The UK’s high court has issued an order demanding Bitcoin exchange Bitfinex to freeze $860,000 in Bitcoin payments sent to ransomware hackers through the platform.
A huge portion of the money came from a ransom paid by a Canadian insurance company that had to part with $1.2 million after it was hacked. The company was hit by a computer virus called Bitpaymer which locks computer systems. The hackers then demanded payments in Bitcoin to offer a decryption tool that would reinstate system access.
Investigators looking into the matter were able to track the payment but found some of it had already been laundered. However, they also found that about $860,000 had made its way to Bitfinex, probably to be sold.
The UK’s high court issued orders to freeze the payments and demanded additional information about the users associated with the loot. Bitfinex is registered in the Virgin Islands. It is not clear if the exchange has complied with the order or not. However, the company said that it worked with authorities to track the Bitcoin.
Bitfinex also said that it was not at the center of the investigation. The exchange maintained that it is an innocent party that just got mixed up in something it was unaware of. The company also vowed to cooperate with authorities in order to see that the matter is resolved as quickly as possible.
The insurance company that made the payments didn’t comment on the matter. Since this is an ongoing investigation and it is already a court case in progress, all the parties involved have chosen to keep things quiet for the moment.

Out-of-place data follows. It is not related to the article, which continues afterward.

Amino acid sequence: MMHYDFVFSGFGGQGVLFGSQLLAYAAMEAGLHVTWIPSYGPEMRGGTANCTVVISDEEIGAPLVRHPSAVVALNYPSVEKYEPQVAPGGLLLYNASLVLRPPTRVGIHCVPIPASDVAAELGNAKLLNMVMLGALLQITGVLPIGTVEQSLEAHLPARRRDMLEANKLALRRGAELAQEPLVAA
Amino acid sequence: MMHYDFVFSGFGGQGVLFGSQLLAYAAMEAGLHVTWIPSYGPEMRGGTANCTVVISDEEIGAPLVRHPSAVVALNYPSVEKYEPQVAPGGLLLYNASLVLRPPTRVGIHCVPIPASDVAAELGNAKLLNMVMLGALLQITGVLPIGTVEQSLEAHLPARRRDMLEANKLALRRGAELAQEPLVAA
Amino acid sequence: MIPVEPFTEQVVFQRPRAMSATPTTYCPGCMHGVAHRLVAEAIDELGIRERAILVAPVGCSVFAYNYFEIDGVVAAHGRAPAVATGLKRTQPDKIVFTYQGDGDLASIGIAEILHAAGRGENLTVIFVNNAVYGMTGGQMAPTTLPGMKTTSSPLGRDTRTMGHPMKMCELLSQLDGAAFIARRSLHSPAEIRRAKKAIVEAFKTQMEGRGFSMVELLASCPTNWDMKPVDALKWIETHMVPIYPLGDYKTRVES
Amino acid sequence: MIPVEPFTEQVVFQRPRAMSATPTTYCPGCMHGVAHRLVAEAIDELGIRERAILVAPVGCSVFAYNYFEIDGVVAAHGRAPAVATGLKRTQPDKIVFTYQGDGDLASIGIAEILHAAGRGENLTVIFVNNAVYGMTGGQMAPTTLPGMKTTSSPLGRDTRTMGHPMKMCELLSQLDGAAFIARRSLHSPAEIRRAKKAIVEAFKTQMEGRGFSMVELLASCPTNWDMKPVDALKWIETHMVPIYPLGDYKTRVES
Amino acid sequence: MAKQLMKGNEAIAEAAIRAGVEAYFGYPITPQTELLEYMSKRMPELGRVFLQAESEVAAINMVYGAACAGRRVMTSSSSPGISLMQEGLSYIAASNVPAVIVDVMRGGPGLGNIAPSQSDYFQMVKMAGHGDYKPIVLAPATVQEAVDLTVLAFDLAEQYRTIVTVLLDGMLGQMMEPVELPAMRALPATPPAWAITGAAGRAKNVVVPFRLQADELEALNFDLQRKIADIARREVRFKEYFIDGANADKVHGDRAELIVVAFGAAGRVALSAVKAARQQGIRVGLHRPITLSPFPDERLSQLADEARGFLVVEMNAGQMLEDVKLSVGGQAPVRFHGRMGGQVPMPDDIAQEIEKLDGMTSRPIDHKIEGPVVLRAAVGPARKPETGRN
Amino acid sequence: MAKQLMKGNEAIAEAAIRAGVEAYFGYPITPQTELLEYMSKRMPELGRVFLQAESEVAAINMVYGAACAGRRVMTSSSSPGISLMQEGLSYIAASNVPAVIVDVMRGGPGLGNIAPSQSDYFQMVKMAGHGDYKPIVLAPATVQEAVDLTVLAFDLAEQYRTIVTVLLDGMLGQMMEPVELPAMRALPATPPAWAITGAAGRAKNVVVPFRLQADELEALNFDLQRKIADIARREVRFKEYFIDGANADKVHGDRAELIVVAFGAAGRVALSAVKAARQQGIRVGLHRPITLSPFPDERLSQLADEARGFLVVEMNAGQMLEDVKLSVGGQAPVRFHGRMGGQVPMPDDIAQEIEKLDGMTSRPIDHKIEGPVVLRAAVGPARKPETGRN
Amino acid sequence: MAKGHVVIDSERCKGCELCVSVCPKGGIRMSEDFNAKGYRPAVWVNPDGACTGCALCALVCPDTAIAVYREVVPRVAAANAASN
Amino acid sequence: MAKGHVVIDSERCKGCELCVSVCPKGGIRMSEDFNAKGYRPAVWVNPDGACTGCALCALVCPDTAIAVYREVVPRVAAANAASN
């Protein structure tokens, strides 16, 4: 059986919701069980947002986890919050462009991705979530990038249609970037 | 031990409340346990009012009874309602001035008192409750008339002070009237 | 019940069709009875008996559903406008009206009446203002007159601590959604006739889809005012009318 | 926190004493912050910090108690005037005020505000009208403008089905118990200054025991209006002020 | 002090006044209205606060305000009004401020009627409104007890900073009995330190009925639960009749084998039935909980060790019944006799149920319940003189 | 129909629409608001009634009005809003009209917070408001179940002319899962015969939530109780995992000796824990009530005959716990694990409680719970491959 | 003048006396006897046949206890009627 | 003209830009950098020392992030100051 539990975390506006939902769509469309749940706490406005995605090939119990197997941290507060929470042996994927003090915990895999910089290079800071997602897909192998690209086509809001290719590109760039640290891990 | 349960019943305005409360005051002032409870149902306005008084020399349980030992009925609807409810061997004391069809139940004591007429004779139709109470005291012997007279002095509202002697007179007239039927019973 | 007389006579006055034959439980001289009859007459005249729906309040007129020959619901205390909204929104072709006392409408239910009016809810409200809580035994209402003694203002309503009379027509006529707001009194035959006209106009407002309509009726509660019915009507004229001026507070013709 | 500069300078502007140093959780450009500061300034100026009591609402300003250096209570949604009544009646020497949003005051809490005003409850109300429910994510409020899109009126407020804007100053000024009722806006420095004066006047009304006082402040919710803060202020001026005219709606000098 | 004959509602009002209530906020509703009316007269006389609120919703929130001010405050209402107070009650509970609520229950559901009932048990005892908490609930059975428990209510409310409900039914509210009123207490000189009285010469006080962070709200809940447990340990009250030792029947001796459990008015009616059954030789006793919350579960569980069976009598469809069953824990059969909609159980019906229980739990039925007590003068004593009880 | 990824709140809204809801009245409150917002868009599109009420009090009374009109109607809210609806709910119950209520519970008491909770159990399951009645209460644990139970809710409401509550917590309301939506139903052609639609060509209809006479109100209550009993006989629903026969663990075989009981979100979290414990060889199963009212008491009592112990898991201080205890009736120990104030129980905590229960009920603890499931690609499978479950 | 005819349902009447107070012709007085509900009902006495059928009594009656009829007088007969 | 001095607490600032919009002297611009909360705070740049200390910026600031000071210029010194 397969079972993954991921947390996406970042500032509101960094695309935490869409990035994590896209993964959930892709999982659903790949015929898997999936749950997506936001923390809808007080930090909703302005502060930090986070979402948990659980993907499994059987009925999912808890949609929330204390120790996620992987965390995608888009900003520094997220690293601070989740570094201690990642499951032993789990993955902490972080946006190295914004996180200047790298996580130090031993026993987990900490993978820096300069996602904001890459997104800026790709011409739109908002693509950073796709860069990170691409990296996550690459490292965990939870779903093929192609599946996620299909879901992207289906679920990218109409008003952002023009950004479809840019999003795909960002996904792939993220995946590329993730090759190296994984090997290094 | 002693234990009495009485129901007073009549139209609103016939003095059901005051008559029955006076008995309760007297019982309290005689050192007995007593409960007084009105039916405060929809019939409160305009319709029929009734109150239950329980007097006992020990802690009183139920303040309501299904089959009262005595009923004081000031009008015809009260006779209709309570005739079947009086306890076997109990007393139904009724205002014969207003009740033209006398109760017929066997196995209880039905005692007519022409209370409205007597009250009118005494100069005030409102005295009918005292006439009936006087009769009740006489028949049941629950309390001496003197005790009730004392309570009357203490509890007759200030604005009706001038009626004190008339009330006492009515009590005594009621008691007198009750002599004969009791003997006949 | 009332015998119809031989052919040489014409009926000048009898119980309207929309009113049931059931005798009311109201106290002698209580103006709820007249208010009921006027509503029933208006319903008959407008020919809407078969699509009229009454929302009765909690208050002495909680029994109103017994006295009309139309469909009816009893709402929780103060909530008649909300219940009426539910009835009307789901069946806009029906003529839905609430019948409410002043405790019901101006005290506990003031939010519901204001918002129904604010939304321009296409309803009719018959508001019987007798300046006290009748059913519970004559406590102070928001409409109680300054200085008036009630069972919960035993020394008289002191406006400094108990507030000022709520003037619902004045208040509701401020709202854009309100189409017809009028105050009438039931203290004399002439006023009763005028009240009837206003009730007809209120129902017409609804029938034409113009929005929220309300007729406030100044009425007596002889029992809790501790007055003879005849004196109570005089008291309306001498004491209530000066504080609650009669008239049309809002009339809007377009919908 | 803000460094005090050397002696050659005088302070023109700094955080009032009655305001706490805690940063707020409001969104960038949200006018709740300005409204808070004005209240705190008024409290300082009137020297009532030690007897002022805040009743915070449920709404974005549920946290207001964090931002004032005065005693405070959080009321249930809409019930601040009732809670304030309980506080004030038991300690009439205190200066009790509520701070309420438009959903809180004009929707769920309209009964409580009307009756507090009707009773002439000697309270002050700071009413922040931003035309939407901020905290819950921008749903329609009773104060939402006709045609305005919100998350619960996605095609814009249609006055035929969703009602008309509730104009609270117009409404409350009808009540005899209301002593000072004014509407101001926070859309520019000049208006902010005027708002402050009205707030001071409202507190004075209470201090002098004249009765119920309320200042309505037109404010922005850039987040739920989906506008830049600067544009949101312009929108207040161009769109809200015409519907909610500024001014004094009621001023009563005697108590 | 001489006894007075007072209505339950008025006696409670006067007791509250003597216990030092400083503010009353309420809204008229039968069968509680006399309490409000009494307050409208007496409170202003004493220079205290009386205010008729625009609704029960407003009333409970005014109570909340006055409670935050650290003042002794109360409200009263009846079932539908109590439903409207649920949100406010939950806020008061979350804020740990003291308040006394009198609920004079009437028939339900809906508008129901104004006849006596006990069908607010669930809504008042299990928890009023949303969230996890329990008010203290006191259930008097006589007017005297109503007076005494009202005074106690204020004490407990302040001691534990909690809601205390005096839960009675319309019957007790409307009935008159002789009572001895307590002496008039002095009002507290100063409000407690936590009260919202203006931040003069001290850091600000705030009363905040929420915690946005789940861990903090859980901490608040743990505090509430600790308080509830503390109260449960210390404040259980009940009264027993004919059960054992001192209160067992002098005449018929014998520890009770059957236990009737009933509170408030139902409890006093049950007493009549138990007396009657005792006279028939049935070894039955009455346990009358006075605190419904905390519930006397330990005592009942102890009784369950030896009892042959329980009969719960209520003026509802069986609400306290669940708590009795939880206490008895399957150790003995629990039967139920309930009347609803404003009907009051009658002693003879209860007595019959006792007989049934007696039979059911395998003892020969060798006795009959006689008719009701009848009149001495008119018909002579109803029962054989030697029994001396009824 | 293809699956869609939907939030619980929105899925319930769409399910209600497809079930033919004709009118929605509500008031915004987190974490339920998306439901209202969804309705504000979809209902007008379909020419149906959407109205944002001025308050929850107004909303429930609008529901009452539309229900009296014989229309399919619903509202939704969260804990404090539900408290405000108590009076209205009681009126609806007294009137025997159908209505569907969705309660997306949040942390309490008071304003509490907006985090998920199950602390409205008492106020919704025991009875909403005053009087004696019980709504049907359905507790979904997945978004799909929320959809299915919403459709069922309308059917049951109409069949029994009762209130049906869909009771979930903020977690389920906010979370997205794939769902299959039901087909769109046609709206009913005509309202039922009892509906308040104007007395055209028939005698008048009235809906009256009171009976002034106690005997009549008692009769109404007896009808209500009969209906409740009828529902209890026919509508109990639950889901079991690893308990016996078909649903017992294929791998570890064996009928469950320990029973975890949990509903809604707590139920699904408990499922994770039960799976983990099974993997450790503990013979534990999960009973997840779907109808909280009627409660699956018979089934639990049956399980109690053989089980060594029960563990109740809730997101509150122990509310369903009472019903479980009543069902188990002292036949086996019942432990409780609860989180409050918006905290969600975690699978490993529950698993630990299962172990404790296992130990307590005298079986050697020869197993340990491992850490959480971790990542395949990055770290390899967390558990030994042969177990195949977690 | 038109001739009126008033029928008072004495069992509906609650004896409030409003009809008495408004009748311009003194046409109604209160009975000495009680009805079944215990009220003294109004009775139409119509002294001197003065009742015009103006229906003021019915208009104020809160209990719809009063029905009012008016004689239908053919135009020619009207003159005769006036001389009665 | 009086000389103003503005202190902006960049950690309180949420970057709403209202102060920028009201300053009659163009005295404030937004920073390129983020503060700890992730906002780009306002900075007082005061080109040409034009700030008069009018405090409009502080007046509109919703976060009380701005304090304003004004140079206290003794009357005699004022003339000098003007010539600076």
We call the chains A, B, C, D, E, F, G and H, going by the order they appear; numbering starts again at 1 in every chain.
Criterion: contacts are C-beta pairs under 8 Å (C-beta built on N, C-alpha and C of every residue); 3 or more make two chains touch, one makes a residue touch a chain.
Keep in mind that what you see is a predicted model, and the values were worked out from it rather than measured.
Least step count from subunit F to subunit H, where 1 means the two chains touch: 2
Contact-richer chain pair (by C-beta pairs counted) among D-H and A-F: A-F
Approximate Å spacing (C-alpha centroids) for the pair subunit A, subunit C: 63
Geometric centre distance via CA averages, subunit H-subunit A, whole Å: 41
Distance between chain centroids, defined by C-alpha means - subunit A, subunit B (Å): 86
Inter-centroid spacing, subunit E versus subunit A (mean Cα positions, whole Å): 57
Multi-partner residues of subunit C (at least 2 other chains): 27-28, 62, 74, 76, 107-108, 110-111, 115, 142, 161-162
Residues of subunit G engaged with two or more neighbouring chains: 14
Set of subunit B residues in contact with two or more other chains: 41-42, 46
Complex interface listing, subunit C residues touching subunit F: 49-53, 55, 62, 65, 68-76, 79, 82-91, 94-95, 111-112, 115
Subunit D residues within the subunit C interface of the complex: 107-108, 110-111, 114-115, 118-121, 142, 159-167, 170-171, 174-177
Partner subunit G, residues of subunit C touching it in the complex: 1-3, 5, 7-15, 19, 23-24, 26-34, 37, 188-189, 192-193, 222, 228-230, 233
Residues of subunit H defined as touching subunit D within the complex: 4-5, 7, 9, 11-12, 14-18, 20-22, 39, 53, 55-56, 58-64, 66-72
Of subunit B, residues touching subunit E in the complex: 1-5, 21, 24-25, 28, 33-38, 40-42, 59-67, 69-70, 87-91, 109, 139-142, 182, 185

More hacks are imminent
Bitcoin is the go-to currency for Ransomware hackers and other illicit activities online partly because it’s harder to track compared to traditional fiat currencies. Just recently, a report by Hard Fork found that over $1.4 billion in Bitcoin tied to illicit or illegal activities was transacted in 2019 alone.
These transactions were linked to two exchanges – Binance and Huobi. Despite this, it’s not common for government institutions or any other third party players to order independent exchanges to freeze Bitcoin assets.
The decision by the UK’s high court may not be unprecedented but it’s very rare. Nonetheless, even the US government has at some point interfered with Bitcoin exchanges and their operations for national security reasons.
For example, in 2018, the US Department of Justice noted that it would be considered illegal for people to interact with Bitcoin addresses that were linked to a duo of cybercriminals from Iran.
There are people who feel that exchanges have a huge role to play in preventing the use of Bitcoin and other digital currencies for criminal activity. Bitfinex seems to be cooperating with authorities to track the $1.2 million paid by the Canadian company in ransomware.
But billions of dollars of illicit Bitcoin go through various exchanges and no action has been taken. Things may start to change in the near future though.